TORONTO – Five former top executives at Sino-Forest Corp., who accused of perpetuating a massive fraud, should be judged by Canadian standards even though the company’s main operations were based in China, a long-awaited securities tribunal was told Tuesday.
Ontario Securities Commission lawyer Hugh Craig told the opening of the OSC hearing that the allegations against ex-Sino-Forest chief executive Allen Chan and four others involved Canadian investors, which should make them accountable under Canadian regulations.
Established in 1994, Sino-Forest was the first and biggest foreign-owned forestry company in China and did most of its business there even though it was based in Ontario.
“At the end of the day, Sino-Forest was not a Chinese company,” Craig told the three-person panel during an hour-long address where he laid out the road map for the fraud allegations.
“This is where a culture of accountability should be recognized,” he concluded.
Chan, Albert Ip, Alfred Hung, George Ho and Simon Yeung are accused by the OSC of lying to investors and misleading investigators by inflating the company’s assets and revenue.
Craig alleged the five men took part in “deceitful conduct,” which included the fabrication of assets and revenue, undisclosed relationships with suppliers and customers and of providing misleading documentation to support the alleged fraud. He said that from 2007 until 2010 the executives misled investors with false financial statements in every quarter.
“No investor could make informed decisions,” he said.
At its peak, Sino-Forest was the most valuable forestry company listed on the Toronto Stock Exchange, with a market capitalization of $6 billion. From June 2005 to March 2011, Sino-Forest stock rose by 340 per cent from $5.75 per share to $25.30 per share
In June 2011, New York investment firm Muddy Waters Research released a report that called Sino-Forest a complex Ponzi scheme.
The “bombshell,” said Craig, resulted in investors losing billions of dollars after the company’s stock plunged to under $2 a share. The company filed for court protection in 2012 and was eventually taken over by creditors. It is now controlled by its bondholders under a different entity called Emerald Plantation Holdings Ltd.
Lawyers for the now defunct Sino-Forest, which is a named defendant in the hearing, are not presenting a defence.
The fraud allegations prompted investigations by the police and the OSC.
Craig said the company did not keep inform investors about its operations, which would have been questionable under Canadian securities laws.
For instance, he said Sino-Forest bought, sold and held timber assets through wholly-owned subsidiaries in the British Virgin Islands, and many of these transactions were “off book” and difficult for auditors to later track.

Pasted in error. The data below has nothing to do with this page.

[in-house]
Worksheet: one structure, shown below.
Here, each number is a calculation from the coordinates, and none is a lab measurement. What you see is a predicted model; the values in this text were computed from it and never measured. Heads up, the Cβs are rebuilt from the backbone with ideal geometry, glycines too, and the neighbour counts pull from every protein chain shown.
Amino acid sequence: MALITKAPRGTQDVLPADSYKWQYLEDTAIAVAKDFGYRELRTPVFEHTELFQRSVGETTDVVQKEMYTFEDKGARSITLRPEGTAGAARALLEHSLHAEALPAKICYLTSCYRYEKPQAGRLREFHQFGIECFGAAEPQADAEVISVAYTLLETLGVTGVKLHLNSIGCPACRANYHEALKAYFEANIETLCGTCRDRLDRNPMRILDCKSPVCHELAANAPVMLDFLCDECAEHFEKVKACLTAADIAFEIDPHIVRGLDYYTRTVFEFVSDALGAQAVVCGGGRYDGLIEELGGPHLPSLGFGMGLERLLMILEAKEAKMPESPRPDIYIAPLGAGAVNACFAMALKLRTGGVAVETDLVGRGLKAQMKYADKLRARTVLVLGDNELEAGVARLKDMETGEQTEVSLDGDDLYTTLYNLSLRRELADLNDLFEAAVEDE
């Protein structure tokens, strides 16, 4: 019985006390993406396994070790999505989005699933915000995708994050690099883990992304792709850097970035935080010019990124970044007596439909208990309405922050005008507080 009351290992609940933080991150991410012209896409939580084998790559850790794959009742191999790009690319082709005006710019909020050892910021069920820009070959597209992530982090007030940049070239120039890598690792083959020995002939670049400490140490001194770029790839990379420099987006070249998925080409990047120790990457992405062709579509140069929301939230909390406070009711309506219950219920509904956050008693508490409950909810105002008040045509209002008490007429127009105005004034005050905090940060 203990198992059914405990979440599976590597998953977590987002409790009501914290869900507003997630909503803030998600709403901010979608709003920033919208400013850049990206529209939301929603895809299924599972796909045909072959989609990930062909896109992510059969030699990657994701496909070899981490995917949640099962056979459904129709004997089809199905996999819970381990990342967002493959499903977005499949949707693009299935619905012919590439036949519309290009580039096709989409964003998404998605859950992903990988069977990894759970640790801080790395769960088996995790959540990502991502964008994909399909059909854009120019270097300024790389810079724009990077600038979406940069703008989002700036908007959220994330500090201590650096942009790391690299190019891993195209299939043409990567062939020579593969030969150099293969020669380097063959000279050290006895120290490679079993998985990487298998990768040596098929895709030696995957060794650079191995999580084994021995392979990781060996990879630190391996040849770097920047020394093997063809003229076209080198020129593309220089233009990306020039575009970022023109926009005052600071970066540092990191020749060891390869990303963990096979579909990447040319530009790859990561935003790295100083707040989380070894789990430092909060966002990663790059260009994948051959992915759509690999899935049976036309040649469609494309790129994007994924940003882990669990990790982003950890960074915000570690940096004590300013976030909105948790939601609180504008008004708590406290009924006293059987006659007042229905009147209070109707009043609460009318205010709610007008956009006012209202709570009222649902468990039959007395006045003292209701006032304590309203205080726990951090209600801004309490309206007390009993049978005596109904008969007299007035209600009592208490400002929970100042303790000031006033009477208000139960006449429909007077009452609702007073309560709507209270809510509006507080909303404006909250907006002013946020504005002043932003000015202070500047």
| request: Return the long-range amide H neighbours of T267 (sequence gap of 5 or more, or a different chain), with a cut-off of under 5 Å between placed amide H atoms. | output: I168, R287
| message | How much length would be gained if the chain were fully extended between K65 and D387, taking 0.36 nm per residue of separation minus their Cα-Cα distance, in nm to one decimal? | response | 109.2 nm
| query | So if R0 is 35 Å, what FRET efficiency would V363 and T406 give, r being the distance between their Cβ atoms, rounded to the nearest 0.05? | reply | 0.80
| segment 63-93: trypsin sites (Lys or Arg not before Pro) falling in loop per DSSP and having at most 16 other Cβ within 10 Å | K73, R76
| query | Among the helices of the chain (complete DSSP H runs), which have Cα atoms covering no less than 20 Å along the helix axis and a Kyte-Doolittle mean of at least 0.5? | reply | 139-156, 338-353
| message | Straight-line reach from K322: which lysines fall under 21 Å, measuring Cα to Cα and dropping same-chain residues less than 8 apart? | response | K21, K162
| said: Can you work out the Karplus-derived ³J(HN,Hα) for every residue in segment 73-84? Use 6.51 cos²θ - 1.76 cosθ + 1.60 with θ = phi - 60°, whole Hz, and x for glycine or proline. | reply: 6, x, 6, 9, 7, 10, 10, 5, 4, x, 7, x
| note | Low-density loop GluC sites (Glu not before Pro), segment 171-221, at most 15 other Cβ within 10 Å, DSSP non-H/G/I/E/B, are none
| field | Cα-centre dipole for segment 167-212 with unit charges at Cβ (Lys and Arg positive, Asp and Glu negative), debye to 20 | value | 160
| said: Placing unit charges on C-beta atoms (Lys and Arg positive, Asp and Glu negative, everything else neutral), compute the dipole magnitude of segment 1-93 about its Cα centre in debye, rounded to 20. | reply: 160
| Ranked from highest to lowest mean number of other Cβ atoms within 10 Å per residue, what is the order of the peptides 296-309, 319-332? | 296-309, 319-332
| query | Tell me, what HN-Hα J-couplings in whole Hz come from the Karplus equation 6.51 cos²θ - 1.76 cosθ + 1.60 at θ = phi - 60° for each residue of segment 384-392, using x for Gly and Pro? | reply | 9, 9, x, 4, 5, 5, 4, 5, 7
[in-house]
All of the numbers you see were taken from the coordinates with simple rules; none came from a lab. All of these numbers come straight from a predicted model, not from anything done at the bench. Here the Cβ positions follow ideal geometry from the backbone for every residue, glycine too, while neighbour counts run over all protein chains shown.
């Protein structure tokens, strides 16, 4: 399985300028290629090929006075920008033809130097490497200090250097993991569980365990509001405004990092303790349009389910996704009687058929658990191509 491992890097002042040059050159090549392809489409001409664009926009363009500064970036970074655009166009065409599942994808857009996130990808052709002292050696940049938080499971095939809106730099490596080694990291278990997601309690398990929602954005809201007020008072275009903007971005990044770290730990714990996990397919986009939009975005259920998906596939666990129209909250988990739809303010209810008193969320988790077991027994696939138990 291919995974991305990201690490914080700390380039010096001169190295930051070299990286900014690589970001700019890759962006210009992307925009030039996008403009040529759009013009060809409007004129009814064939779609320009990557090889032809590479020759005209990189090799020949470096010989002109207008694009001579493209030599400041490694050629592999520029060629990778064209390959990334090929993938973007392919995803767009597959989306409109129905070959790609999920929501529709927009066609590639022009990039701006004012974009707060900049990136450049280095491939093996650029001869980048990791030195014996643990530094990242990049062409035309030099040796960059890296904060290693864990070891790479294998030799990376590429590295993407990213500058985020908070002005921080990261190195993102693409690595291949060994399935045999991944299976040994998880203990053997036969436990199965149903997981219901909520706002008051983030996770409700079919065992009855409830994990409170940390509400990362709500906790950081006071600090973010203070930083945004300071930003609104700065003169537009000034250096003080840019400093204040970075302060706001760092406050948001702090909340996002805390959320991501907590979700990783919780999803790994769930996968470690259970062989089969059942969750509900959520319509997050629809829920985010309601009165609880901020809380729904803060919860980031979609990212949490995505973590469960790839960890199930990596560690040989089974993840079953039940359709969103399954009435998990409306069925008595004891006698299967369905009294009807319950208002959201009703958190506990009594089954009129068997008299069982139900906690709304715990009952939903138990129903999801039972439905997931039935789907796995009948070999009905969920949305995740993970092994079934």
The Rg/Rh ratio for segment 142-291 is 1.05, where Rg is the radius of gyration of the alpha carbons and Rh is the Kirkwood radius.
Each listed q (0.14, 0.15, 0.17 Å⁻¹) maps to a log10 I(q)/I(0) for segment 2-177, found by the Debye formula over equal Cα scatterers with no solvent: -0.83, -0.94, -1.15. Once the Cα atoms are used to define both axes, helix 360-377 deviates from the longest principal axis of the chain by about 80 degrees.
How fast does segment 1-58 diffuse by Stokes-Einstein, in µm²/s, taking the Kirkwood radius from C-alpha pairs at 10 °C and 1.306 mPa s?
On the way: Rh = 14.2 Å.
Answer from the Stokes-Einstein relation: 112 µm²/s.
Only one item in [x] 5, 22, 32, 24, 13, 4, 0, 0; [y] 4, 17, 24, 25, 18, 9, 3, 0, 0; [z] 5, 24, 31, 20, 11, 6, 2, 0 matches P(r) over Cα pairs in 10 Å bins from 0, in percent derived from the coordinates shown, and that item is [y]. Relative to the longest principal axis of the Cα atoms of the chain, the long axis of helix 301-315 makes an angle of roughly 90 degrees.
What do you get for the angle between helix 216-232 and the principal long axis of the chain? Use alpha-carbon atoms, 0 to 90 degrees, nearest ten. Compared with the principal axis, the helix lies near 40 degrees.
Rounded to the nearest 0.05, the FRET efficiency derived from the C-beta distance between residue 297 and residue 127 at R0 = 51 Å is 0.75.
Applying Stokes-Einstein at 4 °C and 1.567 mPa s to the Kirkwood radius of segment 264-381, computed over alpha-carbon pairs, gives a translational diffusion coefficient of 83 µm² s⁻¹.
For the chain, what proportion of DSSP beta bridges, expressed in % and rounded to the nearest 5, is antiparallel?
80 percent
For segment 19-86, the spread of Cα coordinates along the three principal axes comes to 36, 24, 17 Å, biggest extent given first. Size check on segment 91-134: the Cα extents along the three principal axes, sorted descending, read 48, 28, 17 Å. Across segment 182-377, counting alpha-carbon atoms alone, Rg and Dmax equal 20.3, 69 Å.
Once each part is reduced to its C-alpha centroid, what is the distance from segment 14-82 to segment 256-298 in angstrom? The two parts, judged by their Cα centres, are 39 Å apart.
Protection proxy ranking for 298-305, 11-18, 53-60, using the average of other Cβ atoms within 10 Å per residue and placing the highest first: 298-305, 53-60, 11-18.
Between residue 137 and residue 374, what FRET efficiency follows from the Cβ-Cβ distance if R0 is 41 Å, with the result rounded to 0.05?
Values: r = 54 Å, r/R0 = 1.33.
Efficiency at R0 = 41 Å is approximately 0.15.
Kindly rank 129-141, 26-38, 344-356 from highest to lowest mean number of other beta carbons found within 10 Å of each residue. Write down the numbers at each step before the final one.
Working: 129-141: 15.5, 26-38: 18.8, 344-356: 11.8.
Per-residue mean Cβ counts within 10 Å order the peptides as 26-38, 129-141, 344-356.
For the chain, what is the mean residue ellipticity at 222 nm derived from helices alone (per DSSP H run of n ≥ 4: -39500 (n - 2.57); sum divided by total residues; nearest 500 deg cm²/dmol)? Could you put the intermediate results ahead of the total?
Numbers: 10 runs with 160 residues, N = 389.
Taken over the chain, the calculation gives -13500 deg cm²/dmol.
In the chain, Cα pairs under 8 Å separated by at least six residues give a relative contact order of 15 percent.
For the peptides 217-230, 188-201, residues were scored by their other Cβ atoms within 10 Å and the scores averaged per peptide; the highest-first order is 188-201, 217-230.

The company is also alleged to have recorded in their statements timber purchases from suppliers before they were received and to have sold them before the company were owned them.
Craig said the company regularly engaged in a business practice where it would purchase timber from a supplier, but ask that supplier to pay another supplier it was going to sell to — essentially eliminating cash flow through the company.
It also accuses the executives of not disclosing their relationships with major suppliers. The OSC alleges that it found a file on a computer belonging Chan’s assistant that listed a number of external companies that were in fact controlled by Sino-Forest.
But Chan’s lawyer, Emily Cole, said that although these practices may be peculiar to North Americans, these were “workarounds” that Sino-Forest had to engage in because they were operating in China where they were prevented from registering businesses, opening bank accounts and exchanging money freely.
“They could not conduct business directly, so they had to rely and trust these domestic (customers) and suppliers,” she told the tribunal.
It’s also not unusual for many of these suppliers to be owned by former employees of Sino-Forest, particularly in forestry, which was a small emerging industry at the time in China.
“These events did not occur on Bay Street or even in rural Ontario, and should not be judged as such,” said Cole.
Markus Koehnen, a lawyer representing the four other accused, said what is seen as fraud by the OSC should be seen through a “Chinese lens” as mere “errors” made by a fast-growing company.
“Operational mistakes do not make it a fraud,” he said. “The fact that you have bumps in the road and challenges does not make it a fraud.”
Koehnen said thatm in the end, the investigators and auditors were not able to find one missing penny from Sino-Forest.
The five accused, who live in Hong Kong and China, were not present at the hearing.
Koehnen said his clients would like to testify at the hearing, but added that he was still working through some “issues” to get them to Canada. Cole did not comment on whether her client would come back to Canada.
This is the largest alleged fraud case to be prosecuted by the OSC since the Bre-X Minerals Ltd. case in 2007.
The hearing is expected to last until June 2015, with the OSC expected to call several witnesses in Canada and Hong Kong, including former employees of Sino-Forest, OSC investigators and auditors at Ernst and Young. If found guilty, the executives could be fined and be permanently banned from working or overseeing any public Canadian company.
Last month, former Sino-Forest chief financial officer David Horsley agreed to pay a total of $6.3 million and testify against his former colleagues as part of a settlement agreement.
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